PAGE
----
Applicable /r/Fantasy Bingo Squares: #OwnVoices, Twins
“Her destiny had not been written in the stars, or in the registers of the Pantheon. She had made her choices fully and autonomously. And though she called upon the gods to aid her in battle, they were her tools from beginning to end.
She was no victim of destiny.”
R. F. Kuang nails not one, but two sub-genres in The Poppy War. I was drawn in by the initial magic/military school premise, a trope I’m quite fond of, and was impressed by the explosive and action-packed second half. Although the start-up may be slow by some standards, the latter half of the book is a sprint!
This is a novel about sacrifice. Rin has chosen her goals. At every turn, she takes control of her life and shapes her future as she sees fit. It’s wonderful to see a female protagonist with this degree of agency – it’s almost oozing off her. I love it!
Although her choices are her own, that doesn’t mean they’re easy or that she is able to glide through life – far from it, in fact. Rin is born to parents who trade illegally in opium and is set to married off to a local government official as a bribe to keep her parents in the industry without fuss. She is not particularly thrilled by this, and decides she will study and pass the Keju in the top percentile, earning a spot on scholarship at the premier war university, Sinegard. She uses candles to burn herself to stay up late to study, thinking of the rape she will have to endure if she is forced to marry the village import inspector. She bribes a local tutor to help her with opium stolen from her parents’ ledgers. And she does this for years, without a break.
“She squeezed her write, fingers closing over pale burn scars, and inhaled. Focus.
In the corner, a water clock rang softly.
“Begin,” said the examiner.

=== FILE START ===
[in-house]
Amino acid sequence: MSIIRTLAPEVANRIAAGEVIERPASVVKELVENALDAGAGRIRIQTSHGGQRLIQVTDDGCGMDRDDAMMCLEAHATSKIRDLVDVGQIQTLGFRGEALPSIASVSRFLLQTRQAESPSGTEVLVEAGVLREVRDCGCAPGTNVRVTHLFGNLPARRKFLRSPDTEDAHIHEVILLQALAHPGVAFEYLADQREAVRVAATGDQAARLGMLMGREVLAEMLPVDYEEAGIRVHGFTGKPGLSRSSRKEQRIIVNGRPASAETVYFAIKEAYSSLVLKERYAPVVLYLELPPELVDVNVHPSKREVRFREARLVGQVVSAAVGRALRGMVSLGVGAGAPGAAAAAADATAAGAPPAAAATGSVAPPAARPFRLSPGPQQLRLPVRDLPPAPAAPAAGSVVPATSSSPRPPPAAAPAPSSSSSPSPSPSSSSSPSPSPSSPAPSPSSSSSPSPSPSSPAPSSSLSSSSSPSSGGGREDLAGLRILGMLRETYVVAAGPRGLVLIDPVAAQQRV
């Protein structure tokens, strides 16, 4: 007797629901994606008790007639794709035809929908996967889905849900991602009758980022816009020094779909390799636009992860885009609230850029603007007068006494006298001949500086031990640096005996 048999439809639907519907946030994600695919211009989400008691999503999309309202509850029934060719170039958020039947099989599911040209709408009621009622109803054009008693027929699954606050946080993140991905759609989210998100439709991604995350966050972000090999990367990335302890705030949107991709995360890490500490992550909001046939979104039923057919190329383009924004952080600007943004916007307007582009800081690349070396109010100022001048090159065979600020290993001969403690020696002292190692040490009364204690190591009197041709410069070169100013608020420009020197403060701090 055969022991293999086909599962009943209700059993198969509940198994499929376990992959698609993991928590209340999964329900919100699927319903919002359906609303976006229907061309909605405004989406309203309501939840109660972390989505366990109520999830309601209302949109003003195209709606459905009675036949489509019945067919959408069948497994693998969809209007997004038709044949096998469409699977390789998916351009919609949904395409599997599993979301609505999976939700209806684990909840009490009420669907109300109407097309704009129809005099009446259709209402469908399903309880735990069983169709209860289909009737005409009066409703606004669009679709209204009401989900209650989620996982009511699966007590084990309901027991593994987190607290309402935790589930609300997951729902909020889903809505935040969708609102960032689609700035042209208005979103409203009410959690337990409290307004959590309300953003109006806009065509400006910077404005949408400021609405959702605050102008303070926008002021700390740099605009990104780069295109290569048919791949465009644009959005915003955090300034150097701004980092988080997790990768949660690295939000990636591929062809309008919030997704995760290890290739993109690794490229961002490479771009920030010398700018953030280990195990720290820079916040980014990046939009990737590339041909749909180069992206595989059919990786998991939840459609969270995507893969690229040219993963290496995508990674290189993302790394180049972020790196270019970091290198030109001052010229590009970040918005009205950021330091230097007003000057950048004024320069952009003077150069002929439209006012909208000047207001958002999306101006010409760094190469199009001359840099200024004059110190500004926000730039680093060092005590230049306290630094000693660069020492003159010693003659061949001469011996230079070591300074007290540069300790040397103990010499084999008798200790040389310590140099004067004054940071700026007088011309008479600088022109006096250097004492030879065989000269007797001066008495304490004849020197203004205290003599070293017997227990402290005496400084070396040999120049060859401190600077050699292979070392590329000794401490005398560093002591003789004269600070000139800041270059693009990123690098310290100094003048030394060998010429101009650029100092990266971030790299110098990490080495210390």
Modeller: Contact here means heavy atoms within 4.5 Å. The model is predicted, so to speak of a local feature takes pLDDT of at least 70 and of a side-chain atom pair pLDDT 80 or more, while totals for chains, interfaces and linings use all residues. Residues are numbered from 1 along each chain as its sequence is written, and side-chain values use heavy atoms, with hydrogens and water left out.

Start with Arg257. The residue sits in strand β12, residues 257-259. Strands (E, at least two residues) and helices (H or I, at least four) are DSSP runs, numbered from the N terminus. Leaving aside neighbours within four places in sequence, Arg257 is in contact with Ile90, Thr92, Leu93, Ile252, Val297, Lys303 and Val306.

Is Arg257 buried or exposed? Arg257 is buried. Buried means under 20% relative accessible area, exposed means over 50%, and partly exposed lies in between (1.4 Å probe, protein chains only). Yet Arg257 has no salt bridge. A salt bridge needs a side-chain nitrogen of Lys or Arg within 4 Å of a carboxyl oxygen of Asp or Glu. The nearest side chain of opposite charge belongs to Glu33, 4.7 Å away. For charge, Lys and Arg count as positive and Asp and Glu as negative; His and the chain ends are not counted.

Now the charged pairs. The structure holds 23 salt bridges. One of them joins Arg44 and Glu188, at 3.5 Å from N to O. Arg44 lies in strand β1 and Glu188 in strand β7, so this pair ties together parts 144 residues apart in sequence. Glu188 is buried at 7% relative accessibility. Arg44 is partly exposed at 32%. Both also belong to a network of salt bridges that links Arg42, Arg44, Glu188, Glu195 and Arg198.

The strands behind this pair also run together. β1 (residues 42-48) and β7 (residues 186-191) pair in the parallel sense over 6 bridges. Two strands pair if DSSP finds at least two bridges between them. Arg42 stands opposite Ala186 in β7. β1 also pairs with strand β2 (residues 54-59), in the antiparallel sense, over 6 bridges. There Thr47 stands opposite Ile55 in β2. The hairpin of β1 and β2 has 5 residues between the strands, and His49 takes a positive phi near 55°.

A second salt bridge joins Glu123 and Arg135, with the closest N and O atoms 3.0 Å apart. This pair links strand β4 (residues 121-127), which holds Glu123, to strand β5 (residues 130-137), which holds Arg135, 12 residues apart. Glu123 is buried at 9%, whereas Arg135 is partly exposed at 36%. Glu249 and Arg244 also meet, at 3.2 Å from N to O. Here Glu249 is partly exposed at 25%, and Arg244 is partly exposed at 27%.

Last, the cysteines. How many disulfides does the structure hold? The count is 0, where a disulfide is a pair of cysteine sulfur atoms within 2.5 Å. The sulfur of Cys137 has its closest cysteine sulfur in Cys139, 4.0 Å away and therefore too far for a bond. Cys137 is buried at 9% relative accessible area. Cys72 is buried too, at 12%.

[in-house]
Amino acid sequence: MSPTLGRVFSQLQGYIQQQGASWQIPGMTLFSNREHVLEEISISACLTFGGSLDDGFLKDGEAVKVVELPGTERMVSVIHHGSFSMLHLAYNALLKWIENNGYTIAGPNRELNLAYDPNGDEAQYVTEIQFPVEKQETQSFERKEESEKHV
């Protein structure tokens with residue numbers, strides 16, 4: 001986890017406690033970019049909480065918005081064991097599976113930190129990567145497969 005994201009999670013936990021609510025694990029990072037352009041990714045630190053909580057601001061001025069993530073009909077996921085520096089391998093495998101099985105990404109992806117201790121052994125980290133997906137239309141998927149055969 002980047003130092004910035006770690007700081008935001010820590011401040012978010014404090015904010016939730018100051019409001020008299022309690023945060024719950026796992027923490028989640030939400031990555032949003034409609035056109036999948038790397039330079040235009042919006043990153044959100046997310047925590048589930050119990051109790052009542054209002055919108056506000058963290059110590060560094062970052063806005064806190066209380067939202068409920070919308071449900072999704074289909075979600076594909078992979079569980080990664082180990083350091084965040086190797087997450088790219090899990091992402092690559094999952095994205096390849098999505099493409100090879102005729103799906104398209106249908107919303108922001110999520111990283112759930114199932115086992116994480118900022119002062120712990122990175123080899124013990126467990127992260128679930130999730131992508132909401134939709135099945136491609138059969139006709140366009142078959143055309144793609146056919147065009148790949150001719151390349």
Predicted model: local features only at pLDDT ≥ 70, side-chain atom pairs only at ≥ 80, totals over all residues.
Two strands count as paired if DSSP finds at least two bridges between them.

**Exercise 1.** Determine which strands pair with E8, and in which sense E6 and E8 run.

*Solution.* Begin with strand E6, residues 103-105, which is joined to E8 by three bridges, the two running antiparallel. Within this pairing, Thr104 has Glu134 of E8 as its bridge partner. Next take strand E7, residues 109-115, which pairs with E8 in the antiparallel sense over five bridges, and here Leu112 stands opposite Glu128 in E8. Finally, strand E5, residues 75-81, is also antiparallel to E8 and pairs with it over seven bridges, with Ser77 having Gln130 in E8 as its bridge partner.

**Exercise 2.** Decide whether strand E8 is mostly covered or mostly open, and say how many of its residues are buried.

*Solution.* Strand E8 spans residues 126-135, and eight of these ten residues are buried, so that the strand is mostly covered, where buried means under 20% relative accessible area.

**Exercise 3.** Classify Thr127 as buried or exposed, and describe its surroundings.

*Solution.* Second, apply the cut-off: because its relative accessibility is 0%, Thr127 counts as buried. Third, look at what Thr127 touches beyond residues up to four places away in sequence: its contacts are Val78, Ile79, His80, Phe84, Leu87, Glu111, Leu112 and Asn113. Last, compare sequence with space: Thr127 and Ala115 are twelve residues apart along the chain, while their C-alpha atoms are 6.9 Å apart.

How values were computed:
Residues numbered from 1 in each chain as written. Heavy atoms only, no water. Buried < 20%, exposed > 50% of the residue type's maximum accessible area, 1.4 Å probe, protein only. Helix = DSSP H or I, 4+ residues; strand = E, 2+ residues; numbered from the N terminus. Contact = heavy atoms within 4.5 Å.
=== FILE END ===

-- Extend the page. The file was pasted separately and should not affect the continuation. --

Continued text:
A hundred test booklets were opened with a flapping noise, like a flock of sparrows taking off at once.”
Naturally, of course, this is not the biggest challenge Rin will face. While school has its own challenges and factions, especially coming from a common family, the nation is attacked and finds itself at war in the second half of the novel. Rin is forced to make choices which will fundamentally alter not only her future but who she is as a person.
She must accept the changes power demands, and stoke her fury lest she quail at the last moment. In most stories following a revenge trope, revenge is presented as the only option. Rin, however, always has the option to step away. She could choose not to act. She could preserve that human aspect of herself, indulge in mercy, spare lives… but that’s not the story she’s chosen to make of herself.
If I have any complaint, it’s solely that I tend to prefer a slightly more flowery and poetic prose style. Don’t get me wrong: I wouldn’t consider the prose workmanlike or Sanderson-y. It’s simply not a feature that stood out to me either positively or negatively. Had the prose been a bit more lyrical, this would likely have been bumped up to a five star novel for me. It felt like there was a bit of untapped potential, despite the prose being perfectly good at telling the story it needed to tell. That said, unless you’re a huge fan of lyrical prose like I am, I doubt a typical reader would be bothered by this lack.
I’m thoroughly looking forward to getting started on the sequel, The Dragon Republic.
Recommended for fans of:
- Foundryside by Robert Jackson Bennett
- Red Sister by Mark Lawrence
- Tamora Pierce’s Novels